In a field crowded with contenders, I have a new favorite wildflower. This plant is incredible—large, flashy, tough, gorgeous. What more could you want? Best of all, it’s thriving in my yard. I’m in love.
Most four o’clocks are sedate, old-fashioned garden flowers, something you’d see surrounding a cottage, combined with hollyhocks, old roses, and other grandmotherly plants. The Desert Four O’clock (Mirabilis multiflora) is like the grandma who dies her hair brilliant pink, wears short skirts with black fishnet stockings, and rides a Harley.
Continue reading “Fabulous Four O’clocks”
You’ve put out the jack-o’-lantern, there are mysterious eyes blinking in the hedge, and spider webs festoon the front porch. It’s almost time to greet thus year’s trick-or-treaters. You think you’re ready, but there’s a good chance that you’re missing the pièce de résistance, the perfect, spooky vine to frame your doorway. You need to plant Kintzley’s Ghost honeysuckle!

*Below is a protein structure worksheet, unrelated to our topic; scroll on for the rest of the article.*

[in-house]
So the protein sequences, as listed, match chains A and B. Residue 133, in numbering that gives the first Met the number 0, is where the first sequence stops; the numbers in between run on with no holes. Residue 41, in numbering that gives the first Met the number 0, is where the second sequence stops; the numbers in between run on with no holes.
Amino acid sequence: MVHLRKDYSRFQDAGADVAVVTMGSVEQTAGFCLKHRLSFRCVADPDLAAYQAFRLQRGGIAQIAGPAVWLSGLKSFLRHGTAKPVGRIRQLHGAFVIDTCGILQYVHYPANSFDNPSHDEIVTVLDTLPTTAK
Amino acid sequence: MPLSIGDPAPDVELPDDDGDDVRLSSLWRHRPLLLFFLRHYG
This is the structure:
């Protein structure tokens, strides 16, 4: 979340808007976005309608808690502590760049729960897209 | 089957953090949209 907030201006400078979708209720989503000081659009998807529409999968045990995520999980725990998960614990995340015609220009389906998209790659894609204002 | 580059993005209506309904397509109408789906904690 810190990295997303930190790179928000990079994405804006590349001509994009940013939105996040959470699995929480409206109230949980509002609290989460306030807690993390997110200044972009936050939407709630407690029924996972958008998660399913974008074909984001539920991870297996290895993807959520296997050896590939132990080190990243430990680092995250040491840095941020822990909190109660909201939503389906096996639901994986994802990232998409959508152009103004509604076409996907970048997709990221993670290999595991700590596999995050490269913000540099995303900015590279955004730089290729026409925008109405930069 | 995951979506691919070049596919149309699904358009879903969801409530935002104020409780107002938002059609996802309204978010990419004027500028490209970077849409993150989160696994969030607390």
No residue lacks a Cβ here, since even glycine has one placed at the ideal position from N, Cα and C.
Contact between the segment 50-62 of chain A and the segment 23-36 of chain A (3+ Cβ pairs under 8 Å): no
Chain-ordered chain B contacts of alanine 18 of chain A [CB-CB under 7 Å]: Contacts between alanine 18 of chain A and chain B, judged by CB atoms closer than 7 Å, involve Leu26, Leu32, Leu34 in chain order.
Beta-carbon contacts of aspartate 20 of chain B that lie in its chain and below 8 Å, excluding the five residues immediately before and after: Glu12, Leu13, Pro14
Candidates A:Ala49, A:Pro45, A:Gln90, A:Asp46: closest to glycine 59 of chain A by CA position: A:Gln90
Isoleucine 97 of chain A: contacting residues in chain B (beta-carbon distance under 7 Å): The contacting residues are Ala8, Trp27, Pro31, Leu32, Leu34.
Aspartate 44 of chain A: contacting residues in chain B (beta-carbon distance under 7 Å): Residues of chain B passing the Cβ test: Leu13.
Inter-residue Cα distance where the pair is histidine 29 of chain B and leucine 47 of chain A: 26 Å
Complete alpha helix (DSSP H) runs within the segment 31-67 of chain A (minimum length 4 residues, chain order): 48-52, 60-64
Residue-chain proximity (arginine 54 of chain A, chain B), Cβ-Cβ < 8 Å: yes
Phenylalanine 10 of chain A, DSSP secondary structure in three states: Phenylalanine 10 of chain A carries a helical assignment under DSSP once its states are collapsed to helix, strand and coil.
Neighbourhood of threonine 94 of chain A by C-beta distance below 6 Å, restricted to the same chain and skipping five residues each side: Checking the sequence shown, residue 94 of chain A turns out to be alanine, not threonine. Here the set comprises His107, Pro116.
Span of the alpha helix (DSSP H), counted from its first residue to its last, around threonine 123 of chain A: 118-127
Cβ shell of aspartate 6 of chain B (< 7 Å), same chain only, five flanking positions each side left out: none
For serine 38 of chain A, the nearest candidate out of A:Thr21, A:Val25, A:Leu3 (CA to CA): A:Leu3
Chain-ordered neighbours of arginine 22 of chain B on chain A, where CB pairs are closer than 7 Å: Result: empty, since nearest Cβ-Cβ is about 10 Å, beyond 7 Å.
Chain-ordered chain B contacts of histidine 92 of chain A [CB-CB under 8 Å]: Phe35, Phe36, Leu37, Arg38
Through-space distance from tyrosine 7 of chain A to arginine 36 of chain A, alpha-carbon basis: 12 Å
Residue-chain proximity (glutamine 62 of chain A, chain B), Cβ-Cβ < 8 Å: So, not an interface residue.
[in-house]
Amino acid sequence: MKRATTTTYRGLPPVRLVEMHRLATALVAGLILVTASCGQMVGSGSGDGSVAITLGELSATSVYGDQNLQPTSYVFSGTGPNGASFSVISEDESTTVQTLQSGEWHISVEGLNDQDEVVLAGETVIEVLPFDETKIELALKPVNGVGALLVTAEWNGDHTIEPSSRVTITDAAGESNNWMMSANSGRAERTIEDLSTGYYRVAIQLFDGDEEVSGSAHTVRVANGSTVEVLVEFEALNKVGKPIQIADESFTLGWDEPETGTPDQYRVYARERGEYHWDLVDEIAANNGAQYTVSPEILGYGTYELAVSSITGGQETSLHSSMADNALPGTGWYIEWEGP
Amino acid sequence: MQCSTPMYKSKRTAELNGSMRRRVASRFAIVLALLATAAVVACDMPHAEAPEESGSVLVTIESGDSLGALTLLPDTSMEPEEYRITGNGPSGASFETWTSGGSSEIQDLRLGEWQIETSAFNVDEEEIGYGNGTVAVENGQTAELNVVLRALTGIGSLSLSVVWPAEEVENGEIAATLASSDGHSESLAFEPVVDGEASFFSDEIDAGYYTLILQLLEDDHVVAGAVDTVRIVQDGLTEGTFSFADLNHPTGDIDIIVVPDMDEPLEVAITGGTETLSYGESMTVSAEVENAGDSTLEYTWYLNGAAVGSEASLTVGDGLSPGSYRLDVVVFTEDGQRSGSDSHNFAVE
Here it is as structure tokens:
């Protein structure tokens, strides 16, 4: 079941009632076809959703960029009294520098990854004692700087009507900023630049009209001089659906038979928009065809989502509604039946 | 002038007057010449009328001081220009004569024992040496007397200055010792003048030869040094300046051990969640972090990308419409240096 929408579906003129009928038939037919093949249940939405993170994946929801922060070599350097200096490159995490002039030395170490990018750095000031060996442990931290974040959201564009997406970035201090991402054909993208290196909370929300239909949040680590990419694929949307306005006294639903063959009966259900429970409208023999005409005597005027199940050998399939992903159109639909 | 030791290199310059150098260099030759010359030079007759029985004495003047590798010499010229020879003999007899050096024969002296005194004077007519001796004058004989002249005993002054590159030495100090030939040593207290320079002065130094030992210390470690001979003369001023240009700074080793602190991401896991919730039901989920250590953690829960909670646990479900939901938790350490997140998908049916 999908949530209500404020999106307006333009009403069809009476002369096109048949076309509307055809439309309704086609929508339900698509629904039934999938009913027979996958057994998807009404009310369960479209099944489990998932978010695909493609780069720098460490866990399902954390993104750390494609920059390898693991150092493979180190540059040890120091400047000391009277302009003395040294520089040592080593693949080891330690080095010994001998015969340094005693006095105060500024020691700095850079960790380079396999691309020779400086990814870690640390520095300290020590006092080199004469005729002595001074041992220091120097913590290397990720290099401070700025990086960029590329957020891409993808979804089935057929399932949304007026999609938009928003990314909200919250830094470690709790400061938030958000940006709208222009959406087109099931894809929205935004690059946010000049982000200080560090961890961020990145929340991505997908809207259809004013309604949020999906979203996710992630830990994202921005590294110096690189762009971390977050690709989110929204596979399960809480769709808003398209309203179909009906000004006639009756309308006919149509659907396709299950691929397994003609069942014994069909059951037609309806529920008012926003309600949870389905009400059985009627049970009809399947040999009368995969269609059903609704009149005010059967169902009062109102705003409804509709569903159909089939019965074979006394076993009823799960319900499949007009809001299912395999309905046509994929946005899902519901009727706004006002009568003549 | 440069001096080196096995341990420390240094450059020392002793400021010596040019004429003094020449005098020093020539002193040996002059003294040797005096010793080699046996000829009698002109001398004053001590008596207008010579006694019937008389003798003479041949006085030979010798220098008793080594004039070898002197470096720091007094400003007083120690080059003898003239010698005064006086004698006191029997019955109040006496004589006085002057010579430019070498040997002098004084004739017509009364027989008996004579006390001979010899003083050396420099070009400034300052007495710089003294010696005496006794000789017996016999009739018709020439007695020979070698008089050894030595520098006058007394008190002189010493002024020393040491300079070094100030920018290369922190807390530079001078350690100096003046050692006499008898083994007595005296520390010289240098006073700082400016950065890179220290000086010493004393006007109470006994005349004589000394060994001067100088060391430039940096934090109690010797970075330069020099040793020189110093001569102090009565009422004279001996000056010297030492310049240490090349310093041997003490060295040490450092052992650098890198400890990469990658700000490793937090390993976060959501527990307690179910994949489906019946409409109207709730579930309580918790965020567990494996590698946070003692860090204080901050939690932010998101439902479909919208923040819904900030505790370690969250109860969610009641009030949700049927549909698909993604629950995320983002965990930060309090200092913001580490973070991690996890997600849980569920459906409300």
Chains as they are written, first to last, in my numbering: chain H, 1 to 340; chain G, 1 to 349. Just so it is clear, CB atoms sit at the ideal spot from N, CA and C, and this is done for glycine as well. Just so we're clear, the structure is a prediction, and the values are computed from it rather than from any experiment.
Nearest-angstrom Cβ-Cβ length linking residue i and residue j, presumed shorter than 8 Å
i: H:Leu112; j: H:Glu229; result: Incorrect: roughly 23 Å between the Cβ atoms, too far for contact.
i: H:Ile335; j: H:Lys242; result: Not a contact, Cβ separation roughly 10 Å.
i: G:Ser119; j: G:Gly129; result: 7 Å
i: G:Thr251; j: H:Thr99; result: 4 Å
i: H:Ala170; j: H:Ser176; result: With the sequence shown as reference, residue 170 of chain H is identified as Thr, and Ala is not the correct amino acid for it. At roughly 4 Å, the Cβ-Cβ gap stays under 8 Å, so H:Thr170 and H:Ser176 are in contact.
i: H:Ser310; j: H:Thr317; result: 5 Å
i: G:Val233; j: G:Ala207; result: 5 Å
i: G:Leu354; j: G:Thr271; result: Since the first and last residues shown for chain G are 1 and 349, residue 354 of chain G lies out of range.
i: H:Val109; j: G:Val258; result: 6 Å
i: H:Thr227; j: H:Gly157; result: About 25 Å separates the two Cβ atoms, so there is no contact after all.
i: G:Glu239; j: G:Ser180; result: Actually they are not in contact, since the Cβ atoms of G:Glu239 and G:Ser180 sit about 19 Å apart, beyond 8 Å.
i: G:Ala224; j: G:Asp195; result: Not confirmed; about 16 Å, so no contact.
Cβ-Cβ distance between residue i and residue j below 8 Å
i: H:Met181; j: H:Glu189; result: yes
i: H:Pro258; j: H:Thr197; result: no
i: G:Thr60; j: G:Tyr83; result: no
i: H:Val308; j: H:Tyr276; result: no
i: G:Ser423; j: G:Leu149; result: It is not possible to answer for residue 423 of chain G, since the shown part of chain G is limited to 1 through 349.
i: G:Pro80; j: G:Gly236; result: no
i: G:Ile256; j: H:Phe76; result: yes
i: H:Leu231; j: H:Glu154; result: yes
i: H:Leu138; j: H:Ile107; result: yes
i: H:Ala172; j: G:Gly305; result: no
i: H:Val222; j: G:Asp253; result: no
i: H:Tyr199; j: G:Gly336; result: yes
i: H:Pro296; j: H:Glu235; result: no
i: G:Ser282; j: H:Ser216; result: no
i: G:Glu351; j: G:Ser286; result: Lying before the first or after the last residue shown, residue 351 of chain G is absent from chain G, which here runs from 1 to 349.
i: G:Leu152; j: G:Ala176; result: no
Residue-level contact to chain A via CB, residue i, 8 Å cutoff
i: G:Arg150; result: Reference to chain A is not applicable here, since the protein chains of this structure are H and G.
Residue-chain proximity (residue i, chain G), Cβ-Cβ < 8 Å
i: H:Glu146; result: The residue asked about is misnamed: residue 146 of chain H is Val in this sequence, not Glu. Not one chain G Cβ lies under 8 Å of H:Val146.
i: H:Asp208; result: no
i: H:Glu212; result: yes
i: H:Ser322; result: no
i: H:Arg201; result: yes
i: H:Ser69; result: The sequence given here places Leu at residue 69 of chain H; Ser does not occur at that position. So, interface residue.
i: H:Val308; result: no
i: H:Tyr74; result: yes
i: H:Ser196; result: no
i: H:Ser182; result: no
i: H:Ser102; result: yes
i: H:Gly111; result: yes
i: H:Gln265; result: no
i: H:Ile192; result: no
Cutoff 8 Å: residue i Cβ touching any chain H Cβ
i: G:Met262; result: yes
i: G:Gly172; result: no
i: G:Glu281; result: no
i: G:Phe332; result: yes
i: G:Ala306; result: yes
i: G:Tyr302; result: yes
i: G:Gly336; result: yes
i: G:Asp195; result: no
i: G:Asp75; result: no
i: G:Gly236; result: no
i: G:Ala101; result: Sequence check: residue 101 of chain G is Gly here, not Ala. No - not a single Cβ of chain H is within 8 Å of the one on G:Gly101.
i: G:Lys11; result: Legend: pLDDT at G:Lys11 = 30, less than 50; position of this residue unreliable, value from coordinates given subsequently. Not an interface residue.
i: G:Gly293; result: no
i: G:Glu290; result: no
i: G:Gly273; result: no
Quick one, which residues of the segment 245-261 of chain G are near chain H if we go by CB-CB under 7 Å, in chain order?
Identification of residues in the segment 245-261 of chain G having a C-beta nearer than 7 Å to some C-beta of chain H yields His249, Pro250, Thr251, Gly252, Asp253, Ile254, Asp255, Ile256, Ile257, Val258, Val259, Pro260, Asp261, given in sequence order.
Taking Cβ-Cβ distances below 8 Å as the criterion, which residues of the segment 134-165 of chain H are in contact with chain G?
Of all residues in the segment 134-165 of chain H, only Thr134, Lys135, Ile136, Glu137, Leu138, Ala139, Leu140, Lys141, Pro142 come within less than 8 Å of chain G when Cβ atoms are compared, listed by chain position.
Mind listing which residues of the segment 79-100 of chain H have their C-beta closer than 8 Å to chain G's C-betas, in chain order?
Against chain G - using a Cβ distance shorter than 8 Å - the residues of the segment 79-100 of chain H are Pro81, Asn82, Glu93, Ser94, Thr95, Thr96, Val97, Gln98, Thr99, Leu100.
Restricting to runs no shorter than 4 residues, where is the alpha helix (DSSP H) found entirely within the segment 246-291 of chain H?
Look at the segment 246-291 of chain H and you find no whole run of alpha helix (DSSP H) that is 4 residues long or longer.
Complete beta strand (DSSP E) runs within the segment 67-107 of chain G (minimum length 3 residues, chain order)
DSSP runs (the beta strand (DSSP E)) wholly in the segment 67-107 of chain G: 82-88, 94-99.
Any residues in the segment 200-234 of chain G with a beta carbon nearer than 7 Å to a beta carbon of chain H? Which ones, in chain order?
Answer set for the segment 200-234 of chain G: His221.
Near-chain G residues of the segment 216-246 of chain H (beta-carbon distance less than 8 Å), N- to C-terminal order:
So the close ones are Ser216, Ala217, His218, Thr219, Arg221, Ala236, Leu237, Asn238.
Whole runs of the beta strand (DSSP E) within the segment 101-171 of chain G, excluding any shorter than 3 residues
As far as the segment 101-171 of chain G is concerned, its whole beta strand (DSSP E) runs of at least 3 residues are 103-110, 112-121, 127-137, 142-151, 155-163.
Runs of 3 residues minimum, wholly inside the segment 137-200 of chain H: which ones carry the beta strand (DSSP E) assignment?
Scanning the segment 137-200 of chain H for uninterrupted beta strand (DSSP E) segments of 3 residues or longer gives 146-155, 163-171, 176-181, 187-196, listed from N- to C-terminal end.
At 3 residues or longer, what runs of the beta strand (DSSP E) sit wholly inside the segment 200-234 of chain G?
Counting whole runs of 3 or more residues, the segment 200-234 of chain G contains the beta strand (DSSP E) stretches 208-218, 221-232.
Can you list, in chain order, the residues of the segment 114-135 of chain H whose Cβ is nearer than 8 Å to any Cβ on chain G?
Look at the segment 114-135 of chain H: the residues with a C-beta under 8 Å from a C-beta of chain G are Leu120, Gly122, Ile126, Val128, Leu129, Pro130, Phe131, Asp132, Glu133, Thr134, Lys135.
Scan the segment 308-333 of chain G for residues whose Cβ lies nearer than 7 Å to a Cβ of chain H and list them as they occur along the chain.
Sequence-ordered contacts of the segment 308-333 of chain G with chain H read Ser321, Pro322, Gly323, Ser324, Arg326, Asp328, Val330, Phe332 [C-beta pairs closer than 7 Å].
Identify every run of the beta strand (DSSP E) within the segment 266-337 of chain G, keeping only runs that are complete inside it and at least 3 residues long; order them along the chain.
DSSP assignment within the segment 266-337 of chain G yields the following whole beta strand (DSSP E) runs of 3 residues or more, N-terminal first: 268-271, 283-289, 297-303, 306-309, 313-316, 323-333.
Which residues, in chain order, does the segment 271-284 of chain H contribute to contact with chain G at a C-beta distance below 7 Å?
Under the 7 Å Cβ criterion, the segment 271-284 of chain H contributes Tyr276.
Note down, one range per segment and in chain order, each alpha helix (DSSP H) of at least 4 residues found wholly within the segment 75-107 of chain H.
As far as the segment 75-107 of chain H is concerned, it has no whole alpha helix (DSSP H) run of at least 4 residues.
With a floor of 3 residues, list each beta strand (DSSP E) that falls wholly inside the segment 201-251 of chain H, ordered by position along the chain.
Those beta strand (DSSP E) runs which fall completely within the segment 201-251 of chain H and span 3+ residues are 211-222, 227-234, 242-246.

This 2006 PlantSelect™ winner is the perfect plant for Colorado gardens, and not just because of its Halloween-evoking name. A cross between two Midwest natives, Lonicera reticulata (Grape Honeysuckle) and L. prolifera (Yellow Honeysuckle), this hybrid depends on weekly watering in more arid regions. Plants are hardy in USDA zone 4 through 8. Not fussy about soil, they thrive in full sun, but also tolerate afternoon shade. Another plus—the blue-green foliage is deer-resistant.
Continue reading “Kintzley’s Ghost is Hauntingly Beautiful”
Tropical vines with huge, brilliantly colored flowers don’t normally grow in Colorado, but Trumpet Vine is an enjoyable exception. A vigorous grower, Trumpet Vine can reach 30 feet, with dark green compound leaves that drop in fall to reveal the vine’s light brown papery bark. From mid-summer to frost, three-inch long vase-shaped flowers of fiery orange-red grow in clusters of four or more. In fall, hundreds of papery seeds develop in five-inch long capsules.
Continue reading “Trumpet Vine – Campsis radicans”